Holding on, Lettermullen

New book exudes a love for landscape

Lifestyle - Stunning photographs of Connemara and Aran are a fitting legacy to Walter Pfeifer who died before seeing the fruits of his labour in published form. Judy Murphy tells the story. The launch of...
As far as the eye can see . . . Bales, cars, stands and people: all part of Ploughing 2017 at Screggan, Tullamore.

A mad but magical place to be for at least one day every year

Country Living with Francis Farragher After missing out on it for the past few years, there was a little hankering last week to make a return to the Ploughing Championships and their central location at...
The Galway Senior Hurling team which defeated Kilkenny by 3-5 to 1-10 at Croke Park in the All-Ireland Semi-Final of 1953. Galway subsequently lost the final to Cork by a point (3-3 to 0-8) in controversial circumstances. Back, from left: J Gallagher, J Duggan, J Killeen, C Corless, B O’Neill, E Quinn, J Molloy, H Gordon. Front: P Nolan, S Duggan, M Glynn, M Burke, S Ruane, B Duffy, J Brophy.

Galway In Days Gone By

1917 Pulling up cabbages At Galway Petty Sessions, Michael Stokes, Munster Lane, summoned Mrs. Mary Browne, and her husband, John, for abusive language. Stokes complained that he was putting down cabbage plants when John Browne came...
Galway goalkeeper Johnny Geraghty clears the ball upfield in the 1964 All-Ireland defeat of Kerry,at a jam-packed Croke Park the county's first title in their legendary three-in-a-row triumphs. Players frequently wore caps in those days and, as well as the goalie, Galway's Sean Meade is also sporting one. Other players in the photo are Tom Lowry and Mick O'Dwyer of Kerry and Enda Colleran of Galway.

Galway In Days Gone By

1917 Fined for driving At Galway Petty Sessions, Mrs. Julia Dowling, Ballinasloe, was charged under the Petrol Restrictions Order for using petrol in going to the Galway Races on the 1st August, contrary to the Order...
Damian Browne.

Addicted to adventure

Lifestyle - Former professional rugby player Damian Browne has found a new focus for his energies –  extreme sports. As he prepares for his greatest challenge yet, a solo row across the Atlantic Ocean,...
Country Living with Francis Farragher There is always something mildly melancholic about the second half of September with its series of hints that we have at last bade farewell to summer days. The GAA championship season draws to an end . . . the autumnal equinox falls around the 21st or 22nd day of the month . . . the corn has been harvested . . . out the country the turf sheds are loaded up for the Winter season . . . and the dreaded Christmas word tends to get mentioned in the same breath as parties and hangovers. John Keat’s opening lines in his ode To Autumn, about ‘the season of mists and mellow fruitfulness’, and ‘close bosom friend of the maturing sun’ seem to capture the atmosphere of the month, with September always delivering a rich crop of apples and wild fruits. It is the month of farewells too, as the swallows who have flown in and out of sheds within a millimetre of our temples all summer long, start to assemble on the telephone wires with plump bellies ready for their trip to the warmer climes of South Africa. Their arrival last April heralded the start of the summer and there’s a long tradition in rural Ireland of never disturbing a swallow’s nest as their lodging periods in our sheds and barns is regarded as a sign of good luck. True, they do deposit their marks behind them, and through this summer in my own neck of the woods, they were even bolder than normal, winging their way in through half-open bedroom windows before leaving a little reminder behind them that they had called. Those small irritations apart though, they are the most wonderful of creatures and their loyalty in flying back to us every Spring from the southern hemisphere is a truly awesome gift of nature. This week the National Ploughing Championships will have come and gone and their location on the calendar through the third week of September is no coincidence. They are timed to coincide with the end of the harvesting season when the labours of the long days have been completed and the feed supplies have been stored safely away for the Winter season to come. For more, read this week’s Connacht Tribune.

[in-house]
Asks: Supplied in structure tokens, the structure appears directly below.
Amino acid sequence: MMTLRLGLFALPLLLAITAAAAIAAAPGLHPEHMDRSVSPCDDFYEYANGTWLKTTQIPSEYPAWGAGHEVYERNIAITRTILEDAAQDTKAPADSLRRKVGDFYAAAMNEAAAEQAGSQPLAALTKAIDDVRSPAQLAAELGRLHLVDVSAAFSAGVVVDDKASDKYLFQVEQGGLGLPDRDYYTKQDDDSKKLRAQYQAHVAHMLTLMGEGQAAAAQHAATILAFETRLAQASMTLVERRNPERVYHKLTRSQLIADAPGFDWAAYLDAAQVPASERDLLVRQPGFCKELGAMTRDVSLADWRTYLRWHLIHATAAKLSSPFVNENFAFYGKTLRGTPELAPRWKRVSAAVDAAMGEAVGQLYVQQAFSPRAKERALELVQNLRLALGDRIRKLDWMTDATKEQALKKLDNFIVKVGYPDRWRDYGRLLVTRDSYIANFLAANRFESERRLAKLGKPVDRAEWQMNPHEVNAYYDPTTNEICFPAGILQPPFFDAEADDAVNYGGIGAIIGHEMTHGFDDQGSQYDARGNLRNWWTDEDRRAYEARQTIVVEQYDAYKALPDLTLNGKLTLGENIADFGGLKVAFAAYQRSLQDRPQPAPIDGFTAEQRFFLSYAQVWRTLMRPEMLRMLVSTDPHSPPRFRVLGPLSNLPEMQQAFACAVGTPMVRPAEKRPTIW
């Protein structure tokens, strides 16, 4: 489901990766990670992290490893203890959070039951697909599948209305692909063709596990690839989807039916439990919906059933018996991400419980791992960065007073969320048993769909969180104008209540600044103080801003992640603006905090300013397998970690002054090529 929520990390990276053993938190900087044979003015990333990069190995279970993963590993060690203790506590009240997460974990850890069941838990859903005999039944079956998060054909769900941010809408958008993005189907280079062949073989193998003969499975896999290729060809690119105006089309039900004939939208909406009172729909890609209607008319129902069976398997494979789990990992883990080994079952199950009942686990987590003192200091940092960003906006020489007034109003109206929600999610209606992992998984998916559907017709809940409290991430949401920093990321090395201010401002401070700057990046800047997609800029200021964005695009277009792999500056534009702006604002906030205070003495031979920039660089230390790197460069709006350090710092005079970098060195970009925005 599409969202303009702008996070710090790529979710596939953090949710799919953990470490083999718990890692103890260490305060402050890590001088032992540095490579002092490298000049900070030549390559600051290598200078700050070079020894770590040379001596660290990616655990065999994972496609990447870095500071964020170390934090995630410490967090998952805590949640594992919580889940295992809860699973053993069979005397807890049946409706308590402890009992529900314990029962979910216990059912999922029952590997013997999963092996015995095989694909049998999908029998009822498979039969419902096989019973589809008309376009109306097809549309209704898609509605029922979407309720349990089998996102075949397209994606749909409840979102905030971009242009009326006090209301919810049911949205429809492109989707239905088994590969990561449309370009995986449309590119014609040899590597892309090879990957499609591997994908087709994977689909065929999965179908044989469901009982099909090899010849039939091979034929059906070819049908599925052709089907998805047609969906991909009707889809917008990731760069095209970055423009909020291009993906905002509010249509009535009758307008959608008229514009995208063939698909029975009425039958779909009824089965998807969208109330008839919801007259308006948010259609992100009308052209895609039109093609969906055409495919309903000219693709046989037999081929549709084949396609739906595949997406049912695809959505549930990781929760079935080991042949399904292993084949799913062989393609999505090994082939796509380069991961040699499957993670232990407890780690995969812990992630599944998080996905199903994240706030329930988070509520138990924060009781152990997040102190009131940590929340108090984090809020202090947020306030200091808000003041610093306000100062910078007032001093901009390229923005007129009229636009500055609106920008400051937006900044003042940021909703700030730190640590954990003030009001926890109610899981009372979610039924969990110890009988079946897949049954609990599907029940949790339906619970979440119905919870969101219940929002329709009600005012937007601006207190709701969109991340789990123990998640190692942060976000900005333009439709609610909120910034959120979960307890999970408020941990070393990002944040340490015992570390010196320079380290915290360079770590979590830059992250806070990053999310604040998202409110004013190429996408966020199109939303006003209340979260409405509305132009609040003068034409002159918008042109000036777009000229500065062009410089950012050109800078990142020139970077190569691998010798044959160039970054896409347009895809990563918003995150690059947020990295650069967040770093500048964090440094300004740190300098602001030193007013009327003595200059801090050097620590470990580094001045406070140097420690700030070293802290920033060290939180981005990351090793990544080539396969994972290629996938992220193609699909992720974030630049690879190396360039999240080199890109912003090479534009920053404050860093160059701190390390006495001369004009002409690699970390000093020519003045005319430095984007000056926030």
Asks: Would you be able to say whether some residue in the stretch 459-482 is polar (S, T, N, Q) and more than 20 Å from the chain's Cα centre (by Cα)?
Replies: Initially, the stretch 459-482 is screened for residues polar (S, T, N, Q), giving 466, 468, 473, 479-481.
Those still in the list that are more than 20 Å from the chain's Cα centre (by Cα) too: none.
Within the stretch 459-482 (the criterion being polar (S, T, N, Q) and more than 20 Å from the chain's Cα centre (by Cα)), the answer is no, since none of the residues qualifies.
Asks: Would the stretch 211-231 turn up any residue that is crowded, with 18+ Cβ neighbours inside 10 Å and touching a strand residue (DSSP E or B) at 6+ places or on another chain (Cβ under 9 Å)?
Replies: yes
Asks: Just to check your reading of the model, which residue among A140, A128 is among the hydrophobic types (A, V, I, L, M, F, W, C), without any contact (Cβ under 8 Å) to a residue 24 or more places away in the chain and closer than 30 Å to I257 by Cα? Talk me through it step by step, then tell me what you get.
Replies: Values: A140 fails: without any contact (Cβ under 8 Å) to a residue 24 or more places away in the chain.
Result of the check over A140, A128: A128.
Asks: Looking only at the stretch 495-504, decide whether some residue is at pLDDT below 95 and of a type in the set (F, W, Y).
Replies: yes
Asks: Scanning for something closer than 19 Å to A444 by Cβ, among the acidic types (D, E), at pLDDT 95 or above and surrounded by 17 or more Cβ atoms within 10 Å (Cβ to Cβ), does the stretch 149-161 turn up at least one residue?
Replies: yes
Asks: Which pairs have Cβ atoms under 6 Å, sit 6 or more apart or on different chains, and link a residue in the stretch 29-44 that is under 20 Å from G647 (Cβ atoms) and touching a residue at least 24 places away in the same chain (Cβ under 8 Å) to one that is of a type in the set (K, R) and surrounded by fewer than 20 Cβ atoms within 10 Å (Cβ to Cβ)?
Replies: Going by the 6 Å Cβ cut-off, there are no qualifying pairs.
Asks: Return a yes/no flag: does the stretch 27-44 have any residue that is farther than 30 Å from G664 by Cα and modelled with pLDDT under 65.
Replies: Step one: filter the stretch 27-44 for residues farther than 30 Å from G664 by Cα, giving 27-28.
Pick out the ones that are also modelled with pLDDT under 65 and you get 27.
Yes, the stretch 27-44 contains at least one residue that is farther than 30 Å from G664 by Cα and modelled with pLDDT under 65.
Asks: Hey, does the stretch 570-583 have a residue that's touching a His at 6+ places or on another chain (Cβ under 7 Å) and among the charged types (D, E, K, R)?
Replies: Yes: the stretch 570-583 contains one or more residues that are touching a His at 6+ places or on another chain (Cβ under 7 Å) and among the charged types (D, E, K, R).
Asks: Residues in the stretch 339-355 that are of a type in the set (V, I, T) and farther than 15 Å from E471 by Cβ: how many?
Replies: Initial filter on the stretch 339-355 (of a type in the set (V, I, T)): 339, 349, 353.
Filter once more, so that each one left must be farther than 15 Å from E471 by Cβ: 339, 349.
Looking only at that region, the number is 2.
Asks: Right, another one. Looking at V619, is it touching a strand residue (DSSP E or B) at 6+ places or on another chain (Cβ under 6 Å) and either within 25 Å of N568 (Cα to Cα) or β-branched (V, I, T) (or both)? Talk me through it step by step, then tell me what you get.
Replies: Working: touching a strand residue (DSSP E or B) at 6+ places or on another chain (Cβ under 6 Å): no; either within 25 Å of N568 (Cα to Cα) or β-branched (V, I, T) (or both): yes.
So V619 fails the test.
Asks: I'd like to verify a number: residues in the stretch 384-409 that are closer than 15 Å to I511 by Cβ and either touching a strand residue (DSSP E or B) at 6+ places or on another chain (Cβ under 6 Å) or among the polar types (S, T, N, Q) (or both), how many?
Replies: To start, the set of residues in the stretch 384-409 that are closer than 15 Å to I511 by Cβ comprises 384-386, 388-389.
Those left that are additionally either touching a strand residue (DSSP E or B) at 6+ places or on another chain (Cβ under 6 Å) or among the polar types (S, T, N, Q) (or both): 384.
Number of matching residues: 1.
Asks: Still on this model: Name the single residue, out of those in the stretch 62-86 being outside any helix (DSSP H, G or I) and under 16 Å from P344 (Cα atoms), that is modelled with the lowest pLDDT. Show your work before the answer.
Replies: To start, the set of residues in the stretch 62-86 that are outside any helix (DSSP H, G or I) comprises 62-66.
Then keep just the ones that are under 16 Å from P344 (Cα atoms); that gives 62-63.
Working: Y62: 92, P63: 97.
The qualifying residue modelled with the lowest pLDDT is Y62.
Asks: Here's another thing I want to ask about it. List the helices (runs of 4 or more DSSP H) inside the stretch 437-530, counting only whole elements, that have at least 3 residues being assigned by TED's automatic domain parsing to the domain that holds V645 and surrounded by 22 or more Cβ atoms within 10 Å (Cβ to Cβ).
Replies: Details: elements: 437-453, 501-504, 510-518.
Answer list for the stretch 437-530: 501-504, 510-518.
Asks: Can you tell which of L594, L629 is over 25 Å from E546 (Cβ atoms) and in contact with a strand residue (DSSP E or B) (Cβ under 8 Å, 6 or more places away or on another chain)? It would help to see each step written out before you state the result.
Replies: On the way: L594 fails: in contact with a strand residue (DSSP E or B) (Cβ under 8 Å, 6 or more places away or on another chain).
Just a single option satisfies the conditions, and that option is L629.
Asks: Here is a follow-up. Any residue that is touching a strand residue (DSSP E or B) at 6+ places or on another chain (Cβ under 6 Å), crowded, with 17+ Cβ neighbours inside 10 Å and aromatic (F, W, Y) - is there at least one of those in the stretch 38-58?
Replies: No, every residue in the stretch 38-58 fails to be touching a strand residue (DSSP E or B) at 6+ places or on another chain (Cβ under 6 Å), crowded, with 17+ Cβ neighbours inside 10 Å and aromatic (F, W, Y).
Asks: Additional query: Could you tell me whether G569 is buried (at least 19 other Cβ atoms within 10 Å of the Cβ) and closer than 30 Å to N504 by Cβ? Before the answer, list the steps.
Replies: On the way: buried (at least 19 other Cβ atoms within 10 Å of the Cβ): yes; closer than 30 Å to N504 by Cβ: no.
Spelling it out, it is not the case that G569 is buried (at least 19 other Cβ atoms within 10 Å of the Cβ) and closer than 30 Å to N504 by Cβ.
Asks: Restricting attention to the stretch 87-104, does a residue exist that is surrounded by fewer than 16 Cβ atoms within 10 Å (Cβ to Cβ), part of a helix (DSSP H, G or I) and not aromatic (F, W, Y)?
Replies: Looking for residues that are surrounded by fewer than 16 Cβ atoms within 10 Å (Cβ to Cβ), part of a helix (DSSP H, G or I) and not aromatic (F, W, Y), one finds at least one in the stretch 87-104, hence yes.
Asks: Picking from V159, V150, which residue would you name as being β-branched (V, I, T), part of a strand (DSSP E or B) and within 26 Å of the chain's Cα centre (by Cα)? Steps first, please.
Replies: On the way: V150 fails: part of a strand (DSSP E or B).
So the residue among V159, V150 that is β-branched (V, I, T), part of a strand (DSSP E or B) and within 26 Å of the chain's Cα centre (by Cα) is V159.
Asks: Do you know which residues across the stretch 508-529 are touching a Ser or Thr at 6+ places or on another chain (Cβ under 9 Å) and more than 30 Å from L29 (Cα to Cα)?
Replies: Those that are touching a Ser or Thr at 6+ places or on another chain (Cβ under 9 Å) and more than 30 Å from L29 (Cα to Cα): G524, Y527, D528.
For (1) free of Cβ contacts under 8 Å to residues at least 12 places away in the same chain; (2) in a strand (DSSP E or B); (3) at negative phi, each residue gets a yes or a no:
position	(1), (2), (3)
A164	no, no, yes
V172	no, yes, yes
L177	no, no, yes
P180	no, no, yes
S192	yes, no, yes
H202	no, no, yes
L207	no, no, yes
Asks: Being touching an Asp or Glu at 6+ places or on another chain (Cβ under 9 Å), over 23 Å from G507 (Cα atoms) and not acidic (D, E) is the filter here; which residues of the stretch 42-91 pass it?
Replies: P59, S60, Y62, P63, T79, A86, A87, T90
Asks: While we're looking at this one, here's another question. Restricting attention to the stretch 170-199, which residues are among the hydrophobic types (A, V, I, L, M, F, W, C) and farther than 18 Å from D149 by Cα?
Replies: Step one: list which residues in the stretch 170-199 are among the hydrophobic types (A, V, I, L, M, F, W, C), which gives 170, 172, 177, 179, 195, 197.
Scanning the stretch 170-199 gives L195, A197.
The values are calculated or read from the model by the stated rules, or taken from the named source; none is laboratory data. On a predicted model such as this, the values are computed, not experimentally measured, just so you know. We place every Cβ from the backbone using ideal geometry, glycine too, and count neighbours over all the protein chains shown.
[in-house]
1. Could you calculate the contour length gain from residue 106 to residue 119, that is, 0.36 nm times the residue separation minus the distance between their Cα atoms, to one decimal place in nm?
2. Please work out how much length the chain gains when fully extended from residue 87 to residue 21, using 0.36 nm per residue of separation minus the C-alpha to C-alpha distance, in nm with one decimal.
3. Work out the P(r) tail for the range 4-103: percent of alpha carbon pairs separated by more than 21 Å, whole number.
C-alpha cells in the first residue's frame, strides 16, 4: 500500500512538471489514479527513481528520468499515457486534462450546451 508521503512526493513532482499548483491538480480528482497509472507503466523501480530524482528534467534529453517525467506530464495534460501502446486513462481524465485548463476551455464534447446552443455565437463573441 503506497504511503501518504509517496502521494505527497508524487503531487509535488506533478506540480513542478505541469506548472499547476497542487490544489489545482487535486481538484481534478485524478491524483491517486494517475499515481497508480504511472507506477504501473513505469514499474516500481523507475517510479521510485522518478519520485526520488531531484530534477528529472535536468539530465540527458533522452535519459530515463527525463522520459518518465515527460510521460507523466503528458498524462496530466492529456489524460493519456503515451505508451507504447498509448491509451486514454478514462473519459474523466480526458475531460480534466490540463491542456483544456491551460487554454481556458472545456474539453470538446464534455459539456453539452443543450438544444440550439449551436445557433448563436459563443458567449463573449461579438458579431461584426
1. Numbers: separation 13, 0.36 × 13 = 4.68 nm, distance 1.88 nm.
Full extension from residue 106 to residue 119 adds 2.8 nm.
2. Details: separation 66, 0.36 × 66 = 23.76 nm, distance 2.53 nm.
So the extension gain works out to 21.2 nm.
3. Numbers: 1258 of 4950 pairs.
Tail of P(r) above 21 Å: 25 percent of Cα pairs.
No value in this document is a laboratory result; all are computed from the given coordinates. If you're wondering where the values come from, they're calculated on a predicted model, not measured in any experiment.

A search for solace as we bid farewell to our season of light

Country Living with Francis Farragher There is always something mildly melancholic about the second half of September with its series of hints that we have at last bade farewell to summer days. The GAA championship...


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